Book Review: Sam Leith – You Talkin’ To Me?

In the very unfamiliar amount of free time I’ve had since finishing my exams back in June, I’ve at last had a chance to get through a list of interesting reads that has been building up for some time. The first of these is a book by Sam Leith, an English journalist, author and columnist on the subject of rhetoric. These are some of my thoughts on it.

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From my studies of Latin, in particular, the works of Cicero, I quickly picked up that rhetoric, the art of persuasion, was one of those grand old subjects that seems to have fallen by the wayside in modern teaching (like Latin itself, seemingly). Hearing of polyptoton (repetition of a word in a different form, e.g. ‘strong’ and ‘strength’), anaphora (repetition at the start of a clause), homoeoteleuta (several words ending with the same letter or letters) and all the other rhetorical tropes with their wonderful names at first rendered the subject slightly inaccessible. Having only ever encountered it in a Classical context, I’d never considered (how narrow-minded of me) that the same principles would apply in English prose too. As a result, one feature of particular enjoyment in Leith’s book was his presentation of rhetoric as something that is intrinsically part of language and human nature, rather than a complex art restricted to orators.

The way in which a forgotten art was made accessible to the modern reader is certainly something to recommend about this book. Another is Leith’s style of writing: relaxed and entertaining, without being too flippant. This allows a connection with the reader to be made, which makes the content significantly more accessible than it would be, for example, in a translation of Aristotle’s Rhetoric, the great ancient tome on the subject. A book which, on the surface, would not necessarily appear a fairly easy read, ended up being so. There is something almost journalistic about the style, which, given Leith’s background, is hardly surprising. This is certainly refreshing in a subject area where the writing tends to be stylistically more serious, which is particularly important because the topic of rhetoric has very much passed out of modern thinking.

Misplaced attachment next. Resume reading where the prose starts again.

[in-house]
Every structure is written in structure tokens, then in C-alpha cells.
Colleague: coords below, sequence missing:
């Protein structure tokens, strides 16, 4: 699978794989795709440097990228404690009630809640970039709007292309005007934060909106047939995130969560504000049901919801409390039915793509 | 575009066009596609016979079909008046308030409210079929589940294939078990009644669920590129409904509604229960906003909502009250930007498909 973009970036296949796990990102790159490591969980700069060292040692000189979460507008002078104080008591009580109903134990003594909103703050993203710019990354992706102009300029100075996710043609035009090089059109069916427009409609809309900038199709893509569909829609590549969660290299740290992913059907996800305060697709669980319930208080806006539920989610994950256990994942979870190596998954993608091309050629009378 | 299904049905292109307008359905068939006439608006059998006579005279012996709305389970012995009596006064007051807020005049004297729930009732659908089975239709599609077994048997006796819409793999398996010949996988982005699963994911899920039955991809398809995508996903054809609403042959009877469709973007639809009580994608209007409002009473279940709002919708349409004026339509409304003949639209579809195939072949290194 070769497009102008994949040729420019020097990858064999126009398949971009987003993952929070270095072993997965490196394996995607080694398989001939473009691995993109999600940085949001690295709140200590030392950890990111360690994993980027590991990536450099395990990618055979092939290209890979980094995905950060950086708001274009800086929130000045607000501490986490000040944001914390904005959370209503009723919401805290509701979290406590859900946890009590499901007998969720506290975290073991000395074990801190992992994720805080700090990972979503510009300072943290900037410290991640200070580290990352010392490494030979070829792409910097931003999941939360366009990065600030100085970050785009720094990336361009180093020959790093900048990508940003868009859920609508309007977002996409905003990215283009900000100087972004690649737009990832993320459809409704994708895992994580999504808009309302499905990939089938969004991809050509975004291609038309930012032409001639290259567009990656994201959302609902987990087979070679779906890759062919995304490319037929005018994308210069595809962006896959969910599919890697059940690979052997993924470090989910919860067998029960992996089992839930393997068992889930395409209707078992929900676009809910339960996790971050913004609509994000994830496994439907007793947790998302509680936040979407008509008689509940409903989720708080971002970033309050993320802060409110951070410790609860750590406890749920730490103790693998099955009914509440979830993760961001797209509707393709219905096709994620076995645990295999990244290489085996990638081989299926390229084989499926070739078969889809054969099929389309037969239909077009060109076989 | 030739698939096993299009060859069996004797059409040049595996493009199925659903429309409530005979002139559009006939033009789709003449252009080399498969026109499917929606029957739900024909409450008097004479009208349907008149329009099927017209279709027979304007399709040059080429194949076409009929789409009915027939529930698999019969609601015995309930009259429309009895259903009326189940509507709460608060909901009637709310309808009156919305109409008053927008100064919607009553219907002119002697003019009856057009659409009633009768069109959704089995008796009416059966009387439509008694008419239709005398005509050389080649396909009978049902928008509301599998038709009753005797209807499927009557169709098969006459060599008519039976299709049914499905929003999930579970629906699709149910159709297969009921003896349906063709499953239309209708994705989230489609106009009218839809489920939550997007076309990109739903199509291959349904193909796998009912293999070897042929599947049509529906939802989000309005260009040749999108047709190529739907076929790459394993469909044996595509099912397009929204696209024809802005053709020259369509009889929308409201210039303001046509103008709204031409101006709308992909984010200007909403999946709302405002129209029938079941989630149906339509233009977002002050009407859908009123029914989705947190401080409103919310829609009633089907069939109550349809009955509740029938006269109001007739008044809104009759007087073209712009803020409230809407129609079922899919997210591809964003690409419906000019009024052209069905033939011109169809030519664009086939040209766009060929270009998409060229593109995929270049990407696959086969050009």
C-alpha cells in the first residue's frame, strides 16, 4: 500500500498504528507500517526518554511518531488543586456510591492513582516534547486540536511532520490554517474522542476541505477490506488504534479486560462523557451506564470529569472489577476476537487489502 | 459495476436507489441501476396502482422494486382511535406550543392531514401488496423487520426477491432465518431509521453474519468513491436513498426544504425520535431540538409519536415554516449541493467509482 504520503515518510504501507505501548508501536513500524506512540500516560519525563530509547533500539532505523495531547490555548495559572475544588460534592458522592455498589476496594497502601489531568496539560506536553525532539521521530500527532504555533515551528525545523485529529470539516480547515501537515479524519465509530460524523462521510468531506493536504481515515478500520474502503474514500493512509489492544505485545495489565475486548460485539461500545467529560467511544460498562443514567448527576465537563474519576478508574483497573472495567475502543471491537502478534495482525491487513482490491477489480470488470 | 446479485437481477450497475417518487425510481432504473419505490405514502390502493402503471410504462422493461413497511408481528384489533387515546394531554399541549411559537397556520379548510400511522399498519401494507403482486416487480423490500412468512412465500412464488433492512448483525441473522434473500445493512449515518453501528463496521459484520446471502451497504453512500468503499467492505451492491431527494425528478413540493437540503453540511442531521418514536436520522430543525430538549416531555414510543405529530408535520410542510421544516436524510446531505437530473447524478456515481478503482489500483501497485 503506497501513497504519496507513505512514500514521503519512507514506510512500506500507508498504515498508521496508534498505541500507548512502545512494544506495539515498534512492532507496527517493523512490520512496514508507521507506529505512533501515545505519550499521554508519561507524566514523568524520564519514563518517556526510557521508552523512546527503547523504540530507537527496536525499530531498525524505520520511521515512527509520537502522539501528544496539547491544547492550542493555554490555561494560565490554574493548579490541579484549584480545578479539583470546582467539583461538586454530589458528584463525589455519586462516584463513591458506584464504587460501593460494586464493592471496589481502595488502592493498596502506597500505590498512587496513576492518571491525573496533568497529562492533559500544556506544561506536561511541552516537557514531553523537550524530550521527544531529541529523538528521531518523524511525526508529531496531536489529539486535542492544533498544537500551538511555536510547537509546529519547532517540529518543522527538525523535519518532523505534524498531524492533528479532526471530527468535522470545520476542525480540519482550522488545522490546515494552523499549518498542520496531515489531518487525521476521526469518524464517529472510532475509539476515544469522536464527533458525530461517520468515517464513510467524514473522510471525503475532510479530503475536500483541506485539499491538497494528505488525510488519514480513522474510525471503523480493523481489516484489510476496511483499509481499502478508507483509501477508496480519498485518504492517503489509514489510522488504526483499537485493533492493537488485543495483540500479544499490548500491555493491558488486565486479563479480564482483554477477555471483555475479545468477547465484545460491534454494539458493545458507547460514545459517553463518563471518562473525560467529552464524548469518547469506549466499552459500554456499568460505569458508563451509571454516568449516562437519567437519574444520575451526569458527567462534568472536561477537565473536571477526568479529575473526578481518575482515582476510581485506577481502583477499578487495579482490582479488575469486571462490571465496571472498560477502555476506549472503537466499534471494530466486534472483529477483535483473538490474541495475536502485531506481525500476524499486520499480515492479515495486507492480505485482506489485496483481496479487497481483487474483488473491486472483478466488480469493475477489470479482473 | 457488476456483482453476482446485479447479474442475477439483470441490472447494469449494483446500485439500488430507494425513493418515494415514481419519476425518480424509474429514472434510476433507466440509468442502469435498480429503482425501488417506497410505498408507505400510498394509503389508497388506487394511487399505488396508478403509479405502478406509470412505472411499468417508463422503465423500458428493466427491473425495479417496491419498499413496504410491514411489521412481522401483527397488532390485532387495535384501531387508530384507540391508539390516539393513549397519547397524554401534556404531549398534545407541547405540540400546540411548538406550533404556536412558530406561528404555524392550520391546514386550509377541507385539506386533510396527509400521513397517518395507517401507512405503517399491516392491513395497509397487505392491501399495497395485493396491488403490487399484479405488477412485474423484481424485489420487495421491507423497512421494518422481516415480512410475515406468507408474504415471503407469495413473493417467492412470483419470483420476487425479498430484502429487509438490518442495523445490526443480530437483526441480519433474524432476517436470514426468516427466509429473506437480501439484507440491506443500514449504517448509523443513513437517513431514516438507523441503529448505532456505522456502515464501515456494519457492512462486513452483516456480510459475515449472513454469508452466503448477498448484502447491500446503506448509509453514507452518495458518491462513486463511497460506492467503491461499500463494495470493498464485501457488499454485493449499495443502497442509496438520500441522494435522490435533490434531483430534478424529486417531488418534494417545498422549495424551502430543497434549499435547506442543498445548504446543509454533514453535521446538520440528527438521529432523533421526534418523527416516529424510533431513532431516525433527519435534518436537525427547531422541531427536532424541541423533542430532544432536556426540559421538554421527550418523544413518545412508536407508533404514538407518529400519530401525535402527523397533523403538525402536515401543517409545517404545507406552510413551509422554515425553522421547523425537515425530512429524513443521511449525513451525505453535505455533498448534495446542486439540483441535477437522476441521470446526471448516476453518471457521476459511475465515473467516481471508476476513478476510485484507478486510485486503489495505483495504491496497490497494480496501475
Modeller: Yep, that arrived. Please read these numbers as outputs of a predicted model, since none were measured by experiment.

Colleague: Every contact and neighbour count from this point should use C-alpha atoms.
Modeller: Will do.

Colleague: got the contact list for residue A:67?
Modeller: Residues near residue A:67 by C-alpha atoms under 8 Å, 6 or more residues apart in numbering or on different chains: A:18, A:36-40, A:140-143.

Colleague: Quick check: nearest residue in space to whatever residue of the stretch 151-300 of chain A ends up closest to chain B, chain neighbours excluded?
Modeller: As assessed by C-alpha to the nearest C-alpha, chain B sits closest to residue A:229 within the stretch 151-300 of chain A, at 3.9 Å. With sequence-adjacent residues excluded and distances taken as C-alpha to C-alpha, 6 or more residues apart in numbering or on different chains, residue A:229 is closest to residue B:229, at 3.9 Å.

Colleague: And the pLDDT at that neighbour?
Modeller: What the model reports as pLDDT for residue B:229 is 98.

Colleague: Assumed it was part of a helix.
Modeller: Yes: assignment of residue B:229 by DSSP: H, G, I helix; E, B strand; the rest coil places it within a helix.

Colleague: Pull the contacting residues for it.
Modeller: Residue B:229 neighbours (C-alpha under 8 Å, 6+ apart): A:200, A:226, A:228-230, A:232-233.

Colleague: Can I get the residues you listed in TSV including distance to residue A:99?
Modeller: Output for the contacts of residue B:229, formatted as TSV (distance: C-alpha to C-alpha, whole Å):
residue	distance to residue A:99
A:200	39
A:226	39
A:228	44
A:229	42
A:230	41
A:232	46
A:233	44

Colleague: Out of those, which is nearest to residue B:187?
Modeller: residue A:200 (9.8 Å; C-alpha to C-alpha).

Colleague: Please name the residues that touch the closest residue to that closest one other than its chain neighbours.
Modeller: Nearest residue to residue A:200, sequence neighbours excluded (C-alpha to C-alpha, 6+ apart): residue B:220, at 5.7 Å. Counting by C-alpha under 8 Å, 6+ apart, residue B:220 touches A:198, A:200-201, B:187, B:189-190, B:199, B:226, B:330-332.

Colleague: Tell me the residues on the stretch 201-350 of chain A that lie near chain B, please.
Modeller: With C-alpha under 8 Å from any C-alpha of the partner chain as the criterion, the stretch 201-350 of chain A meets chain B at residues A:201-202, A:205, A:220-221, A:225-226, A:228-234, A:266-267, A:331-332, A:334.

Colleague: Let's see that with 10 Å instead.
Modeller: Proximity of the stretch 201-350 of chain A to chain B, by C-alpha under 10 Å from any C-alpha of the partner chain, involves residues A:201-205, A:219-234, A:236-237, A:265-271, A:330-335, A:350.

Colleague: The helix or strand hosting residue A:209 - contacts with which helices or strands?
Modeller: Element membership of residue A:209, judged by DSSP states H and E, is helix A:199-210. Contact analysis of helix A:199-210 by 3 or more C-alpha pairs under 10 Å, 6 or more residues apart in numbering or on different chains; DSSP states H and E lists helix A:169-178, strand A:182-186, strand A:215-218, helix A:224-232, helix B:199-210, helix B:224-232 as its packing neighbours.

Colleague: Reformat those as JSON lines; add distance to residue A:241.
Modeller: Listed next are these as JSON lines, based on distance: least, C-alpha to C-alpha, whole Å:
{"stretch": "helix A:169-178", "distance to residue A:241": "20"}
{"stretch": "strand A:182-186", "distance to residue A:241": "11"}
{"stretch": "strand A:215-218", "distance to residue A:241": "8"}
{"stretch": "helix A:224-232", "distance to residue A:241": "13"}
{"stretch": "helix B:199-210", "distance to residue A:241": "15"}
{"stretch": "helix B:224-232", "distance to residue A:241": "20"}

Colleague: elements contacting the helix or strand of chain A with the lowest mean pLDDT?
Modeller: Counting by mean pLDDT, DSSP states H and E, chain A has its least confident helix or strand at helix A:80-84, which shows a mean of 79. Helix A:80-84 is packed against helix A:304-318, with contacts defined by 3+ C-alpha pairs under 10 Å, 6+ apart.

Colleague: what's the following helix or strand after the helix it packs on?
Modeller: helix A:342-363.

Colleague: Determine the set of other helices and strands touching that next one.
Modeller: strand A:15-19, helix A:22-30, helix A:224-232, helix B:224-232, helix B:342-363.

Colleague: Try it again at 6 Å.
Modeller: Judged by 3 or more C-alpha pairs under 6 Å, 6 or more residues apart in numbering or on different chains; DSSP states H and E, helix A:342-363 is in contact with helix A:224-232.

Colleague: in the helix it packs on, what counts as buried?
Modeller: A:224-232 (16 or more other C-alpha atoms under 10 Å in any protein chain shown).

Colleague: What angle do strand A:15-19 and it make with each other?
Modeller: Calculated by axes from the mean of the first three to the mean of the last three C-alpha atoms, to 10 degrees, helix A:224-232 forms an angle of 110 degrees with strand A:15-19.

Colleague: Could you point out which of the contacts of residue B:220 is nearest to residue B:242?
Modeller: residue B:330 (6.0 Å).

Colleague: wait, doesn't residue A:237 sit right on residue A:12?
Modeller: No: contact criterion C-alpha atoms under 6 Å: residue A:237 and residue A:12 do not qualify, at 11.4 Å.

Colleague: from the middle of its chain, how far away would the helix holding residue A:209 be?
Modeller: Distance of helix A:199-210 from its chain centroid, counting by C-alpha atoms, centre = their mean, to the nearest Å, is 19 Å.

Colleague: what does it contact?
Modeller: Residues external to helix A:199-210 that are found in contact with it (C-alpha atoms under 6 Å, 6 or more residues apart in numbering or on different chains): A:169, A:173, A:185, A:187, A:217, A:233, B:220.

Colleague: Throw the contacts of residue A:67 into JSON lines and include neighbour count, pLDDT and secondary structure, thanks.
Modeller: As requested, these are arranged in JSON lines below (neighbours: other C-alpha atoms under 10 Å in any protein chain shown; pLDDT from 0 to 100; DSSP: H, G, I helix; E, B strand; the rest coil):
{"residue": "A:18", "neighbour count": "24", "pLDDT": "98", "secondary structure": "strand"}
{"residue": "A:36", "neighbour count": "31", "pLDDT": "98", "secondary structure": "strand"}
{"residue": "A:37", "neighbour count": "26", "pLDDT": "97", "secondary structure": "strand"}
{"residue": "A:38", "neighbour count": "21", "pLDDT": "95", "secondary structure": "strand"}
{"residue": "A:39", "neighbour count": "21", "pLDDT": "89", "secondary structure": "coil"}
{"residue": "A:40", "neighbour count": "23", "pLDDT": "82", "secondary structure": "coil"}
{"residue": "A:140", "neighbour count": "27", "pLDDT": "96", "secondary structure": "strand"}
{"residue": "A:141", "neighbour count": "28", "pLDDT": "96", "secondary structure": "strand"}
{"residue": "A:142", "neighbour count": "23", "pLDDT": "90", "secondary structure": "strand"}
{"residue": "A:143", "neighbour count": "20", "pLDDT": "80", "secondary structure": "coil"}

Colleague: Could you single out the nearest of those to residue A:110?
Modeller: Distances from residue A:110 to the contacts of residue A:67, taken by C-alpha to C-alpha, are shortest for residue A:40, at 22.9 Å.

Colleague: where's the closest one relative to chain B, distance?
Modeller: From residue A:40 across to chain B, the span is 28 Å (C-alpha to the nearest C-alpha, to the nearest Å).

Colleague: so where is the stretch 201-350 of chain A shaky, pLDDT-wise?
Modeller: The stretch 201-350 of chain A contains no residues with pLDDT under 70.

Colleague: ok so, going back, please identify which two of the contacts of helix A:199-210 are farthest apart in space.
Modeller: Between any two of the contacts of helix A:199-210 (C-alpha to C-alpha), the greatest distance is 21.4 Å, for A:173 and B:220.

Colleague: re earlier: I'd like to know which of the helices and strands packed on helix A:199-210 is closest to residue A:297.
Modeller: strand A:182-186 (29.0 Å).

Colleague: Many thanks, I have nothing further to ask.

Often, we think of rhetoric as merely a series of fancy devices that make an essay or speech more refined. There are, in fact, five so-called ‘canons’ of rhetoric: invention, arrangement, style, memory and delivery. The fact that rhetoric is much more than just its tropes reinforces the idea of it as an important part of language and human nature, which I believe is a key idea to take away from this book, and is one of the things that fascinated me the most whilst reading it. Interspersed between Leith’s examinations of each of the five canons are profiles of rhetoricians throughout the ages, from the ancients Cicero and Demosthenes to Abraham Lincoln and Barack Obama in more recent times. I found this to be a particularly effective way of conveying the importance of rhetorical in its modern context, as the author showed how important the power of persuasion was to Obama in his first bid for the presidency of the USA.

Unfortunately, rhetoric is presented in the modern day as a smokescreen of sorts to cover up the deficiencies of politicians and other prominent members of the public. It is far too easy to say, without a proper understanding of the subject, ‘Oh, he’s just talked his way in’. Leith’s book puts a far more positive spin on the subject, as everyday conversations such as haggling with a shopkeeper (does anyone actually do that anymore?) and asking a waitress for a table near the window are brought under the wider umbrella of rhetoric. Something which, as I have mentioned time and time again, is intrinsically bound up with language surely cannot be as negative as it is often perceived to be.

As a law student (in the very near future), I found this book particularly relevant, and I’d certainly recommend it to anyone interested in the law, politics, linguistics, or just human beings in general. It’s available on Amazon in hardback, paperback and Kindle edition at reasonable prices, and should be available in most bookshops. I can only hope I’ve read it carefully enough to persuade you to read it too.

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